The first vice president of the Liberian Council of Churches (LCC) has cautioned Liberians to abstain from elections violence to avoid undermining the peace and stability of the country.The Rev. Dr. Kortu Brown who is also general overseer of the Apostolic Pentecostal Church (APC), warned Liberians to remember that “peace is priceless”; therefore nothing should be done to undermine the peace. He insisted that “violence is not the answer” to the myriad of challenges facing the country.The Pastor of New Water in the Desert Assembly made the call when he spoke at the December 17th, 2014 3rd Intercessory Worship service of the local church during this month of December to praise God for His healing mercy on Liberia. “Liberians should realize that stability is a foundational investment which when secured can be the platform on which the other walls whether political, economic or social, can be built.”Without stability in the country, Rev. Dr. Brown asserted, that there will be no political, economic or social development. “We therefore want all Liberians to know that we all have a stake in the foundational investment of the country, which is stability”The service, which coincided with the 47th edition of the 100-Day Prayer for Peace for Liberia, is being held under the theme: “Peace at Christmas” with Scriptural text from St. Luke 2:13-14.The Pentecostal cleric reminded candidates in the elections to direct their supporters away from violence which is a threat to peace and stability.“Let the candidates know that the people of Liberia will hold each of them responsible for the actions of their supporters”, he declared, adding, “Peace is far more important to Liberia than any individual or group of individuals.”He then challenged all Liberians to redirect their energies during this period of peace to productive ventures that will advance the country. He advised parents to speak to their children to avoid plunging themselves into violent activities that could lead to confusion and chaos and plunge Liberia into a “red Christmas.”“Let us continue to remember that the Ebola virus is still around us and we should do whatever we can to stop its spread.”Share this:Click to share on Twitter (Opens in new window)Click to share on Facebook (Opens in new window)
Share Facebook Twitter Google + LinkedIn Pinterest By Barry Ward, Leader, Production Business Management & Director, Ohio State University Income Tax SchoolsWith unprecedented amounts of prevented planting insurance claims this year in Ohio and other parts of the Midwest, many producers will be considering different tax management strategies in dealing with this unusual income stream. In a normal year, producers have flexibility in how they generate and report income. In a year such as this when they will have a large amount of income from insurance indemnity payments the flexibility is greatly reduced. In a normal year a producer may sell a part of grain produced in the year of production and store the remainder until the following year to potentially take advantage of higher prices and/or stronger basis. For example, a producer harvests 200,000 bushels of corn in 2019, sells 100,000 bushels this year and the remainder in 2020. As most producers use the cash method of accounting and file taxes as a cash based filer, the production sold in the following year is reported as income in that year and not in the year of production. This allows for flexibility when dealing with the ups and downs of farm revenue.Generally, crop insurance proceeds should be included in gross income in the year the payments are received, however Internal Revenue Code Section (IRC §) 451(f) provides a special provision that allows insurance proceeds to be deferred if they are received as a result of “destruction or damage to crops.”As prevented planting insurance proceeds qualify under this definition, they can qualify for a one year deferral for inclusion in taxable income. These proceeds can qualify if the producer meets the following criteria:Taxpayer uses the cash method of accounting.Taxpayer receives the crop insurance proceeds in the same tax year the crops are damaged.Taxpayer shows that under their normal business practice they would have included income from the damaged crops in any tax year following the year the damage occurred.The third criteria is the sometimes the problem. Most can meet the criteria, although if producers want reasonable audit protection, they should have records showing the normal practice of deferring sales of grain produced and harvested in year 1 subsequently stored and sold in the following year. To safely “show that under their normal business practice they would have included income from the damaged crops in any tax year following the year the damage occurred” the taxpayer should follow IRS Revenue Ruling 75-145 that requires that he or she would have reported more than 50% of the income from the damaged or destroyed crops in the year following the loss. A reasonable interpretation in meeting the 50% test is that a farmer may aggregate the historical sales for crops receiving insurance proceeds but tax practitioners differ on the interpretation of how this test may be met.One big problem with these crop insurance proceeds is that a producer can’t divide it between years. It is either claimed in the year the damage occurred and the crop insurance proceeds were received or it is all deferred until the following year. The election to defer recognition of crop insurance proceeds that qualify is an all or nothing election for each trade or business IRS Revenue Ruling 74-145, 1971-1.Tax planning options for producers depend a great deal on past income and future income prospects. Producers that have lower taxable income in the last 3 years (or tax brackets that weren’t completely filled) may want to consider claiming the prevented planting insurance proceeds this year and using Income Averaging to spread some of this year’s income into the prior 3 years. Producers that have had high income in the past 3 years and will experience high net income in 2019 may consider deferring these insurance proceeds to 2020 if they feel that this year may have lower farm net income. Market Facilitation PaymentsWhen the next round(s) of Market Facilitation Payments (MFPs) are issued, they will be treated the same as the previous rounds for income tax purposes. These payments must be taken as taxable income in the year they are received. As these payments are intended to replace income due to low prices stemming from trade disputes, these payments should be included in gross income in the year received. As these payments constitute earnings from the farmers’ trade or business they are subject to federal income tax and self-employment tax. Producers will almost certainly not have the option to defer these taxes until next year. Some producers waited until early 2019 to report production from 2018 and therefore will report this income from the first round of Market Facilitation Payments as taxable income in 2019.Producers will likely not have the option of delaying their reporting and subsequent MFP payments due to the fact they are contingent upon planted acreage reporting of eligible crops and not yield reporting as the first round of MFP payments were. Cost share paymentsIncreased prevented planting acres this year have many producers considering cover crops to better manage weeds and erosion and possibly qualify for a reduced MFP. There is also the possibility that producers will be eligible for cost-share payments via the Natural Resources Conservation Service for planting cover crops. Producers should be aware that these cost-share payments will be included on Form 1099-G that they will receive and the cost-share payments will need to be included as income.You are advised to consult a tax professional for clarification of these issues as they relate to your circumstances.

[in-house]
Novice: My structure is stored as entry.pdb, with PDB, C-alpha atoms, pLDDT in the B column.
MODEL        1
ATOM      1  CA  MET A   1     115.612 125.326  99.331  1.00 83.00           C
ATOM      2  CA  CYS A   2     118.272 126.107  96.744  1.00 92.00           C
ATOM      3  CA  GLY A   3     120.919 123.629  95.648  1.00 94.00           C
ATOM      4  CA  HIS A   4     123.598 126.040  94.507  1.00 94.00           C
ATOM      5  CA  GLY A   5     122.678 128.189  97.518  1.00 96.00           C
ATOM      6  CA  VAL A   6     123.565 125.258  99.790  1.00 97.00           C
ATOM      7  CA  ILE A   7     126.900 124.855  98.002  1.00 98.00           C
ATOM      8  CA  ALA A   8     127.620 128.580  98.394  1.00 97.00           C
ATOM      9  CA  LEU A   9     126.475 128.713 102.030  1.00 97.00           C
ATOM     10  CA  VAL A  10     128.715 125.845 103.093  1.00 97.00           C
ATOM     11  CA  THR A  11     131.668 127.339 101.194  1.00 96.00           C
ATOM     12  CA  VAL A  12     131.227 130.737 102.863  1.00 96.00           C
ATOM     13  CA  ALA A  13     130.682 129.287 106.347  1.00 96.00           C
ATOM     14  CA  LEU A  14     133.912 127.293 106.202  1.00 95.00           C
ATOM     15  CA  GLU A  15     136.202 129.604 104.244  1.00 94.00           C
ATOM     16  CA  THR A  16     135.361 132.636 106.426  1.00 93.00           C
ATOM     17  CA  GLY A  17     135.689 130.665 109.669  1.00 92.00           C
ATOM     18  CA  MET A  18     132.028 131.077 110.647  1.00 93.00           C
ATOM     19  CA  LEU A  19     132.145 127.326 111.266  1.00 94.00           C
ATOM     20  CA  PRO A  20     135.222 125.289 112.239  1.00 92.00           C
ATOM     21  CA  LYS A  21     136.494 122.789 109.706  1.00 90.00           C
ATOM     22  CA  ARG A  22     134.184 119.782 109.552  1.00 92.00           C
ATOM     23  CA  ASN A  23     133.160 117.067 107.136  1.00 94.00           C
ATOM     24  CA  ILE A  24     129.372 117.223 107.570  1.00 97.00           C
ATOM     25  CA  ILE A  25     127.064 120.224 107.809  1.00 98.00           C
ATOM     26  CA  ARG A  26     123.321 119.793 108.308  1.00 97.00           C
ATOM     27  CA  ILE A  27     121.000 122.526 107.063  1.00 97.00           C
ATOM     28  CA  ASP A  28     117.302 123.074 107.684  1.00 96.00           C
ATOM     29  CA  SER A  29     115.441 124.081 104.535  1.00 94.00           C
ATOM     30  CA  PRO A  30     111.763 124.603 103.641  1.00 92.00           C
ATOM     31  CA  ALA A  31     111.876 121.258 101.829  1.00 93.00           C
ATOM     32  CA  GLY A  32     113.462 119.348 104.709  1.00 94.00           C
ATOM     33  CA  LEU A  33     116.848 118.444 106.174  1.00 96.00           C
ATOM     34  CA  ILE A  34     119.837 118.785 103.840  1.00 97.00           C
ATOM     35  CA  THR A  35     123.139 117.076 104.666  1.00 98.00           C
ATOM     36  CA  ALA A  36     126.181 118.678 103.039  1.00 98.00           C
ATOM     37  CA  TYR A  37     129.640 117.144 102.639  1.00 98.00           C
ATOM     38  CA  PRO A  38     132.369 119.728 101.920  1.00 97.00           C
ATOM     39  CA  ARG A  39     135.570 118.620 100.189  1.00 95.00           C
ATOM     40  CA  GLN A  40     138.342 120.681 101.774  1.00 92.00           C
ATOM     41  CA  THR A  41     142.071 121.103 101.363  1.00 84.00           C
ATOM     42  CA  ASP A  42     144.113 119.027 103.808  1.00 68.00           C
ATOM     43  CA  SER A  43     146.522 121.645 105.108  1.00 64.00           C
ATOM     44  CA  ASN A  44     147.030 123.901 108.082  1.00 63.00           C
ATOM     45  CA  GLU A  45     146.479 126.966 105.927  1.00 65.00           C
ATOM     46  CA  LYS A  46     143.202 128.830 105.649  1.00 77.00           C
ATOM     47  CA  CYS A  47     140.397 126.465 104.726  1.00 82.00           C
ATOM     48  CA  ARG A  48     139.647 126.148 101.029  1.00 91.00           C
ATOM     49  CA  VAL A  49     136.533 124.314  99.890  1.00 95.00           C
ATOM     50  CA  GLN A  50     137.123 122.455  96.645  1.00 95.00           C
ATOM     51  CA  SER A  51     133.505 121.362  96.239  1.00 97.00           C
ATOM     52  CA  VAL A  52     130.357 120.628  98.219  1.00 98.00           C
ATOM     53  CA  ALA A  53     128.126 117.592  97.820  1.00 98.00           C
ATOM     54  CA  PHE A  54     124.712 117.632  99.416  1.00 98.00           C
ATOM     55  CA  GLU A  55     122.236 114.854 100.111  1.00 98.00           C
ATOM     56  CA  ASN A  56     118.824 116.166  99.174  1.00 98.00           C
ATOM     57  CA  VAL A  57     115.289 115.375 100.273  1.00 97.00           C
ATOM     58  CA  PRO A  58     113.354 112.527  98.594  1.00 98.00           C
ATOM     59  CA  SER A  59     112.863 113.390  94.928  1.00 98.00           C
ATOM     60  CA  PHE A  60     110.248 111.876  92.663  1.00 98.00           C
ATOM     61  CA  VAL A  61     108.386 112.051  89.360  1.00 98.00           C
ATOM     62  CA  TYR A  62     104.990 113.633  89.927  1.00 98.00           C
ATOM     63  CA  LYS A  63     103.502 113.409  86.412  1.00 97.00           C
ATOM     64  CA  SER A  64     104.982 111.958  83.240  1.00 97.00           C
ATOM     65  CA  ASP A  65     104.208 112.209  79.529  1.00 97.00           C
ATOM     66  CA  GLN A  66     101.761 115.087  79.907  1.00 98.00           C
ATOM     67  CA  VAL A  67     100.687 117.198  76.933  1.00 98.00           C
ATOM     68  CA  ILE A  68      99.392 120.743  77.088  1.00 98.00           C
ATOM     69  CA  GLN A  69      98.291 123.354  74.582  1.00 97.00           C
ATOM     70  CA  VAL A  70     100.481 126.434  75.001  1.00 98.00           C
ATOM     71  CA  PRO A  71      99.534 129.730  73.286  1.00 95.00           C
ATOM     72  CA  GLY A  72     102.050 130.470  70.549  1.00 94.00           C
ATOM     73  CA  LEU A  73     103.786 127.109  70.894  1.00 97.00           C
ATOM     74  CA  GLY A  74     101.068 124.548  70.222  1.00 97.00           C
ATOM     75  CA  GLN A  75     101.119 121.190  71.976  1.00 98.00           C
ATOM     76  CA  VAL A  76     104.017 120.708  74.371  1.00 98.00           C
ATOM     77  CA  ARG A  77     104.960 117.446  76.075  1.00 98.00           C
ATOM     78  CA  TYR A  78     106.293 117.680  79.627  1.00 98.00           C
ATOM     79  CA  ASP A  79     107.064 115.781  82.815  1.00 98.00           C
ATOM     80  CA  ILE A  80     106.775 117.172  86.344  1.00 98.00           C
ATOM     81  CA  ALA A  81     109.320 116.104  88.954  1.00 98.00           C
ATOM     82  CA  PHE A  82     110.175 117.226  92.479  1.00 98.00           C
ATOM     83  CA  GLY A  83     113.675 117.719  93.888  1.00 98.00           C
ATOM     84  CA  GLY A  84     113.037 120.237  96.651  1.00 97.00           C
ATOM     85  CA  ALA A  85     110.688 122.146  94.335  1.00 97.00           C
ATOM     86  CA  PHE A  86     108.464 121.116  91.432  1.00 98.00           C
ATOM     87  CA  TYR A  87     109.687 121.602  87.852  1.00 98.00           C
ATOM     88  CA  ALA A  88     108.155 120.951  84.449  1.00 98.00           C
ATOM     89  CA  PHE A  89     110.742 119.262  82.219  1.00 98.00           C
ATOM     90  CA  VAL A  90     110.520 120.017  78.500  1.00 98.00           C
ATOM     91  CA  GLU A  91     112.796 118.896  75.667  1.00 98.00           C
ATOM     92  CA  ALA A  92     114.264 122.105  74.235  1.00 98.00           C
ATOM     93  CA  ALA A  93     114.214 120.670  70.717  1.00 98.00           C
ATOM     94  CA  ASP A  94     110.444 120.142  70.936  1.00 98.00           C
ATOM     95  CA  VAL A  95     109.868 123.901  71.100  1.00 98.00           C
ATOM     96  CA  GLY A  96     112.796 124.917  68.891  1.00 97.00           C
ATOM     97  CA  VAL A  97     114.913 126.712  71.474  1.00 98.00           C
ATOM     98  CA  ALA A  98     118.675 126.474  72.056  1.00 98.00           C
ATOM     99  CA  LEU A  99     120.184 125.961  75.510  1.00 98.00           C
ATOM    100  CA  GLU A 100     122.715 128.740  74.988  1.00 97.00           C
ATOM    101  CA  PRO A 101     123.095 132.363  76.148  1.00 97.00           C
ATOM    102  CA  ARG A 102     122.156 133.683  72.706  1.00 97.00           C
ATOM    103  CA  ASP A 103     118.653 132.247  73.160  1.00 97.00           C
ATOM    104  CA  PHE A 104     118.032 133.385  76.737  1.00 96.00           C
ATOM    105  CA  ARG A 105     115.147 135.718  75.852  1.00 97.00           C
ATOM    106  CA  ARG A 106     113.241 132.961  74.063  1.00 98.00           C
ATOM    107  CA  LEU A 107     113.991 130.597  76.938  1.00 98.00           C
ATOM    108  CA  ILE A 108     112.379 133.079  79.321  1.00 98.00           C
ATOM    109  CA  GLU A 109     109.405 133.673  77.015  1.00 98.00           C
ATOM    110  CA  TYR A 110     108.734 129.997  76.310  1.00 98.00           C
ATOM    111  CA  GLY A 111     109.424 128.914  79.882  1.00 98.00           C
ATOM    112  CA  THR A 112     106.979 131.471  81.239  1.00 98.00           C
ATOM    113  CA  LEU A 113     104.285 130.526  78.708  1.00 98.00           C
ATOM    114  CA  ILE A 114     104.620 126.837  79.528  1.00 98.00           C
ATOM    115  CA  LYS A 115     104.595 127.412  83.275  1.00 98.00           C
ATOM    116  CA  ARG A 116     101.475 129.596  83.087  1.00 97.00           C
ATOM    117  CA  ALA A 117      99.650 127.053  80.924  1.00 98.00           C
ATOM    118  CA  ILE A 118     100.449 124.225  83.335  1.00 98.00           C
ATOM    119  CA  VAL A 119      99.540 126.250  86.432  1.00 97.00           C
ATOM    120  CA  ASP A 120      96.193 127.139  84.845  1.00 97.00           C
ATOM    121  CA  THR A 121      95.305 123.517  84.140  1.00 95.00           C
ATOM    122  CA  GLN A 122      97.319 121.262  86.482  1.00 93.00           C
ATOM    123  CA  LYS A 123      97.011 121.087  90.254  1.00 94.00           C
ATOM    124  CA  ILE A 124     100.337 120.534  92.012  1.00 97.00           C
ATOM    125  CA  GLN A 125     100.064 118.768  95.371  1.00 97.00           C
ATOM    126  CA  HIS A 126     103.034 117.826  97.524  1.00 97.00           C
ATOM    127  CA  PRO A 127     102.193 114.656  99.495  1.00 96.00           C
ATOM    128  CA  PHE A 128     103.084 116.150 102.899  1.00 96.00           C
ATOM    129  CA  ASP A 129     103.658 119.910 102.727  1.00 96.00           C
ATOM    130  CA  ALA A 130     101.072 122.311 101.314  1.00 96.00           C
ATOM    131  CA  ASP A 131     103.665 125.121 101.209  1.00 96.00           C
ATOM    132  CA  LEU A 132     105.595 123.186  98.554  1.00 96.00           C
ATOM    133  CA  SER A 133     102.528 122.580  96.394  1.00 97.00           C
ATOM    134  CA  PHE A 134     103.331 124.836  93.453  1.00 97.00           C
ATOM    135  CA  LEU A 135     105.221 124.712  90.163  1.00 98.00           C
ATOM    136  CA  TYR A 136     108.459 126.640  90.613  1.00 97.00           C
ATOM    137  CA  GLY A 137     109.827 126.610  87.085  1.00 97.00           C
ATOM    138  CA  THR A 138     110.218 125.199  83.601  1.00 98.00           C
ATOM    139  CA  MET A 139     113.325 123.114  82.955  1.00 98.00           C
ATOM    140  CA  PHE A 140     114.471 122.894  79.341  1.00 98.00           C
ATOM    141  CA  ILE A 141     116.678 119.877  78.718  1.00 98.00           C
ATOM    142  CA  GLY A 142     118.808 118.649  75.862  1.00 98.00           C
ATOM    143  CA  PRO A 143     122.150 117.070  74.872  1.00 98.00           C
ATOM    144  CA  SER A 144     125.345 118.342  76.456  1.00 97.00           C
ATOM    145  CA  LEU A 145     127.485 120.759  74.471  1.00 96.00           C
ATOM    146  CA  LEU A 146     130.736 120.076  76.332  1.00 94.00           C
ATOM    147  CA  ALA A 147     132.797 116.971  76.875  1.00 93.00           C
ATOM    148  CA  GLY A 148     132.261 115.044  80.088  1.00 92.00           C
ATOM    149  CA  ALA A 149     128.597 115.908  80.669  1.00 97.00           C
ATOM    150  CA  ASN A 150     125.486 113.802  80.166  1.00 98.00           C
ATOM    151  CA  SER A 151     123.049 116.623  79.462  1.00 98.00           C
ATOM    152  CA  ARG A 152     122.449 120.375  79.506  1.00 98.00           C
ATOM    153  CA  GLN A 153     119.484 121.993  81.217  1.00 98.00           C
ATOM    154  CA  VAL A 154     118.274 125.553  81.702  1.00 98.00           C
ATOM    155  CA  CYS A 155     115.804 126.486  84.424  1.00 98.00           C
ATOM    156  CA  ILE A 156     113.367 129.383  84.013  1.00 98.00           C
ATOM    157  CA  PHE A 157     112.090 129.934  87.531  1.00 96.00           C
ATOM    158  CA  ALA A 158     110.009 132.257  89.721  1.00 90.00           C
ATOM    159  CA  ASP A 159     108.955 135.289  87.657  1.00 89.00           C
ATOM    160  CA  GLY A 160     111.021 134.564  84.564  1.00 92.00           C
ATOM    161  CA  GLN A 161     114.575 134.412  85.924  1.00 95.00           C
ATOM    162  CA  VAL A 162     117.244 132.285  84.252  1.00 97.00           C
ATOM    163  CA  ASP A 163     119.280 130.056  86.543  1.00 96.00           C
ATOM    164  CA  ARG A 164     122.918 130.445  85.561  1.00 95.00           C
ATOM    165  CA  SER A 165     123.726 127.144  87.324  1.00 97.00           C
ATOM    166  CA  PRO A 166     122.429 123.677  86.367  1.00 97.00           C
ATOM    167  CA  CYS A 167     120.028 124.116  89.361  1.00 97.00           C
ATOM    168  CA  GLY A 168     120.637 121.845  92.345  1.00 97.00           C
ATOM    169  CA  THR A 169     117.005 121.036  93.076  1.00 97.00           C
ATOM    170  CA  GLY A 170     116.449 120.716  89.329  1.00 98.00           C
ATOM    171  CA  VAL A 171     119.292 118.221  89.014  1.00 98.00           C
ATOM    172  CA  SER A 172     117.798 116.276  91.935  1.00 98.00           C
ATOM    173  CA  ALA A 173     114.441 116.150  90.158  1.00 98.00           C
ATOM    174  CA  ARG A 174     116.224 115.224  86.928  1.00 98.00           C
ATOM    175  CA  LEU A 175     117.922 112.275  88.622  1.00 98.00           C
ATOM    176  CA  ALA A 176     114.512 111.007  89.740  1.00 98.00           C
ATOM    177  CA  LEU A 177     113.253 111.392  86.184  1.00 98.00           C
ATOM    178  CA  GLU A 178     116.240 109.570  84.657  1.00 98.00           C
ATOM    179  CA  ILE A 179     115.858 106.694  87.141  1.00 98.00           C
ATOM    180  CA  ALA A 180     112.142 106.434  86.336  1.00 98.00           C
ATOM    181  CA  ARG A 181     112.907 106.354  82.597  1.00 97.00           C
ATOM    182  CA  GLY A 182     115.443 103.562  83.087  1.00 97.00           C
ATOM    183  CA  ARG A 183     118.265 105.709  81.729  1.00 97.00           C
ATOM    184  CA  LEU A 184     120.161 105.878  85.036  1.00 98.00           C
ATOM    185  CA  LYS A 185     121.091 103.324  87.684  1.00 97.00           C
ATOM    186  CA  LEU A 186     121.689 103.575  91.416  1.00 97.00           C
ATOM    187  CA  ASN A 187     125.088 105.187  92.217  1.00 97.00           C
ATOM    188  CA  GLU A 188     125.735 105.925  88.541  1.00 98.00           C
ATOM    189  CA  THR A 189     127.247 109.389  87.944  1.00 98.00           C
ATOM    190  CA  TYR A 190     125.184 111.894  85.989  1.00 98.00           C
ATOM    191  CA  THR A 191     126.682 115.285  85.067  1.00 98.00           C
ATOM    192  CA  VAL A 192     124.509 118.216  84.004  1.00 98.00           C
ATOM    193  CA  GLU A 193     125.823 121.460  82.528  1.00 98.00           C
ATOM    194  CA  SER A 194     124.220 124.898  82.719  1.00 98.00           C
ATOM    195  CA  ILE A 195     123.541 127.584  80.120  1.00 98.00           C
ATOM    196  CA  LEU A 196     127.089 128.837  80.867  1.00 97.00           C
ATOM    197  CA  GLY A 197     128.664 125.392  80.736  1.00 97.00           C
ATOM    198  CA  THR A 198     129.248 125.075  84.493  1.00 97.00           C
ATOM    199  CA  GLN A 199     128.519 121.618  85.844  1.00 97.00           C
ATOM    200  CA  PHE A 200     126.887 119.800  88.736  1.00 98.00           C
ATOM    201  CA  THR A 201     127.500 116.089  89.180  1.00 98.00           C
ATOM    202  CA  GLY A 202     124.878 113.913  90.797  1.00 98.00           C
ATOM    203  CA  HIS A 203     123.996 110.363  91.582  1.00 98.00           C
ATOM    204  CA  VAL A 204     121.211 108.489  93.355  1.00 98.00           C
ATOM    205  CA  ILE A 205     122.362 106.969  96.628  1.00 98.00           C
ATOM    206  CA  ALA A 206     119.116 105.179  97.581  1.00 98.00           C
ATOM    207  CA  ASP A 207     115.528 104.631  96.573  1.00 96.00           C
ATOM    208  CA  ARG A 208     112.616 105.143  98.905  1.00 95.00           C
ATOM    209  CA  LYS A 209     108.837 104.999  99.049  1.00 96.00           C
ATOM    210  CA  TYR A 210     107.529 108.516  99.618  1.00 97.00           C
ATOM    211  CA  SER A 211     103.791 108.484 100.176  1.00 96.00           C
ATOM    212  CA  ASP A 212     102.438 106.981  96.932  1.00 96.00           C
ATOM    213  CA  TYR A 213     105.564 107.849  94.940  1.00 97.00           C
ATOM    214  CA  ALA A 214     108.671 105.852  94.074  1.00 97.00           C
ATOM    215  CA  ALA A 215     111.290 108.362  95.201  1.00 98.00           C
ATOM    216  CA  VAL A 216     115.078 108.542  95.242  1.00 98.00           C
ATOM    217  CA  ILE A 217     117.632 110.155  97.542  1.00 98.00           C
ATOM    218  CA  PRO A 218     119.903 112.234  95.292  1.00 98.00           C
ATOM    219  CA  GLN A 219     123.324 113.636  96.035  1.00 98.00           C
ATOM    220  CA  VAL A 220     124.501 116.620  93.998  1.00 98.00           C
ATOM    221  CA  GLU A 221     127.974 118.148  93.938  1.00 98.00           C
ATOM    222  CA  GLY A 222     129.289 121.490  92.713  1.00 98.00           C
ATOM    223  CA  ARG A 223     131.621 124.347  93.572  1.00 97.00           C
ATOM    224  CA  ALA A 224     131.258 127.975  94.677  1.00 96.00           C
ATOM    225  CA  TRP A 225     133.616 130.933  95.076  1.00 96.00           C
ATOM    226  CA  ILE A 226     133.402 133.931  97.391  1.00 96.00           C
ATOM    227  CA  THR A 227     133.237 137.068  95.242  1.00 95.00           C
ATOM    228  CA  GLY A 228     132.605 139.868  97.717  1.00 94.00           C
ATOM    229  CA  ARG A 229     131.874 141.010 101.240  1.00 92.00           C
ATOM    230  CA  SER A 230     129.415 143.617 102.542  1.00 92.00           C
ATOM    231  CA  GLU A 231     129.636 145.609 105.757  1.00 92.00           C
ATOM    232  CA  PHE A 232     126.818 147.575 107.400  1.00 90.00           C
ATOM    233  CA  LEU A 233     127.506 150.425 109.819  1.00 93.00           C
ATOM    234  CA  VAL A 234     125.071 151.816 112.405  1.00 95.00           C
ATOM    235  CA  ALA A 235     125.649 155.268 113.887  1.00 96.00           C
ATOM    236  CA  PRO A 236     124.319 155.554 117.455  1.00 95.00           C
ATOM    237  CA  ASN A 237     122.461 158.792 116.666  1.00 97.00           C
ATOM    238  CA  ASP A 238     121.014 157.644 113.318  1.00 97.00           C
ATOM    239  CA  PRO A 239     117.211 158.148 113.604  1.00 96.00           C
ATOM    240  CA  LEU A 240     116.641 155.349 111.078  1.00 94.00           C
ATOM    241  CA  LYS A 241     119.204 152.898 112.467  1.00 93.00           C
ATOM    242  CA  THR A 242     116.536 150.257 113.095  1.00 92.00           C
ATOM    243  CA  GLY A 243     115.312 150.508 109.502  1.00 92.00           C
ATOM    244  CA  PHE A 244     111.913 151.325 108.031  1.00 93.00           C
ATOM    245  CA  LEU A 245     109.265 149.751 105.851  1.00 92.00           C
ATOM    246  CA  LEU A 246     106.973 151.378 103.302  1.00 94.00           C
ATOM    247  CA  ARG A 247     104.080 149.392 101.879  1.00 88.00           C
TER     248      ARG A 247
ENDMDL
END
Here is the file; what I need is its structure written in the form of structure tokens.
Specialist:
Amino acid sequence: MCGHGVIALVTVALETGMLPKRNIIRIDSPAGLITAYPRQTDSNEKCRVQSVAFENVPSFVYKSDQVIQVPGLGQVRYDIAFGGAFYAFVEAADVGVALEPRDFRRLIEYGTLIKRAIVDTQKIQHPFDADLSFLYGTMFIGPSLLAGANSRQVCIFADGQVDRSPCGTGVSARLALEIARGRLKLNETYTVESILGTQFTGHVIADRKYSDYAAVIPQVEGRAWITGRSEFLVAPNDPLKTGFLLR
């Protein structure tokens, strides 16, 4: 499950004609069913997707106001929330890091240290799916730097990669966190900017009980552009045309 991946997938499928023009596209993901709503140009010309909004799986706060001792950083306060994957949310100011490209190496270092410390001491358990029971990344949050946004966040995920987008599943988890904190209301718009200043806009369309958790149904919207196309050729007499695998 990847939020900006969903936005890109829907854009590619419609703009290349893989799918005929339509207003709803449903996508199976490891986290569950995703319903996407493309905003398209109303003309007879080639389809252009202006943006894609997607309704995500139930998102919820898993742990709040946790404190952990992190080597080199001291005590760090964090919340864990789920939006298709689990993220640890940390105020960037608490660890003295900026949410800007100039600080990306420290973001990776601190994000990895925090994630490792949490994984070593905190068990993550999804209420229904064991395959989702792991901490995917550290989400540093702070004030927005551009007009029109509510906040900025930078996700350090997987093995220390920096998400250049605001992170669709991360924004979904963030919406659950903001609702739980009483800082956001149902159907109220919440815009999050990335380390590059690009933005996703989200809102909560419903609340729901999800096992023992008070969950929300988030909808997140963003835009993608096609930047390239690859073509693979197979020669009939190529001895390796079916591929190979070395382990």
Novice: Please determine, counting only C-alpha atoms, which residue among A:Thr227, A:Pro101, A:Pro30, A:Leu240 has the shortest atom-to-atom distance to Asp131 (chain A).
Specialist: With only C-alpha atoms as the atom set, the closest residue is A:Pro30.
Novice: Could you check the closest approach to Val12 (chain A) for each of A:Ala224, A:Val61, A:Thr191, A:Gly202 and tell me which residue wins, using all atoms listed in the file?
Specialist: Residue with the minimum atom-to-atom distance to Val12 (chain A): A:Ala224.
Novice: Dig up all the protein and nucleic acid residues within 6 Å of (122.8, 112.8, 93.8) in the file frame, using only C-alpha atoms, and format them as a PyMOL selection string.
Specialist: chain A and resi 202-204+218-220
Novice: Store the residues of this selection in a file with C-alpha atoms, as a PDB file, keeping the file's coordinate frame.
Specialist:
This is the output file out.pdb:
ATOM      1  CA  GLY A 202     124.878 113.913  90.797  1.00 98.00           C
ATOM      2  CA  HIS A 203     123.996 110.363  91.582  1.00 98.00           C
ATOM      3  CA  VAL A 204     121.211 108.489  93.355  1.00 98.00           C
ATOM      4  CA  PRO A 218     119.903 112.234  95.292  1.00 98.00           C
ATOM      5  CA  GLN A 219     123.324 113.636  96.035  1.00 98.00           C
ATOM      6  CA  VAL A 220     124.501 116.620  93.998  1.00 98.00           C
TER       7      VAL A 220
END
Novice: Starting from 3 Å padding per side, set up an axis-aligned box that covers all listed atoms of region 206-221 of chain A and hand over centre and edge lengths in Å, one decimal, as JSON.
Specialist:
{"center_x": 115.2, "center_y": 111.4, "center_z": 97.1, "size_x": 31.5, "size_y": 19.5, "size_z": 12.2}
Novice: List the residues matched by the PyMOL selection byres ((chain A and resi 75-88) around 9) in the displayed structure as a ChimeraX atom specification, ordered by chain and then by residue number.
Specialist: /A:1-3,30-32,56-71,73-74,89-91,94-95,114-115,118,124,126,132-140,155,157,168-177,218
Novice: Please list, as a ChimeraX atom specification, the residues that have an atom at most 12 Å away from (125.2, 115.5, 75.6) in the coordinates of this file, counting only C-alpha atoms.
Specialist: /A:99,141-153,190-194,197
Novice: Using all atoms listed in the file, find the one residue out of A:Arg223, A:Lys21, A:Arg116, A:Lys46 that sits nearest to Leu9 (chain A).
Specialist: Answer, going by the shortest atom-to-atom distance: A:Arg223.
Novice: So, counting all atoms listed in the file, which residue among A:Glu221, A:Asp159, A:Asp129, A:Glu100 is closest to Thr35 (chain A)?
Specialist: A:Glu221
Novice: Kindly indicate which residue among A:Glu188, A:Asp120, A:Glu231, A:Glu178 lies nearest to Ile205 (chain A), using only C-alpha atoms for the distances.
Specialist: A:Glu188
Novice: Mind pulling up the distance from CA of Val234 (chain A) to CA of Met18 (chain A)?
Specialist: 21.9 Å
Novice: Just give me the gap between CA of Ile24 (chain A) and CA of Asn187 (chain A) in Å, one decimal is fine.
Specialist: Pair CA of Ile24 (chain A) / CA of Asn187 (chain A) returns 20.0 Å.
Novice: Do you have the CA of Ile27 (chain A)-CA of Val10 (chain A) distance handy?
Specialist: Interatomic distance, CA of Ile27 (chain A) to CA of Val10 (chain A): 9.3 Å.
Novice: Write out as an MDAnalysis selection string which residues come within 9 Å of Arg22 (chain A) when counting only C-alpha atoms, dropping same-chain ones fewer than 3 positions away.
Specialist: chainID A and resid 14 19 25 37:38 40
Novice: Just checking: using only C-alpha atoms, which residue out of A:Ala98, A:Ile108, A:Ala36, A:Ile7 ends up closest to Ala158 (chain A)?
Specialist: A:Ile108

APTN National NewsThe resources held deep beneath what is commonly known as the Ring of Fire is well known.For one, the mining industry believes northern Ontario has one of the largest deposits of chromite in the world.But getting a billion dollars worth of resources hasn’t been easy.Now the federal government is hoping to move things along.Prime Minister Stephen Harper has appointed Minister Tony Clement, president of the Treasury Board, to bring First Nations, industry and the province of Ontario together.Clement joined APTN National News in Ottawa last week.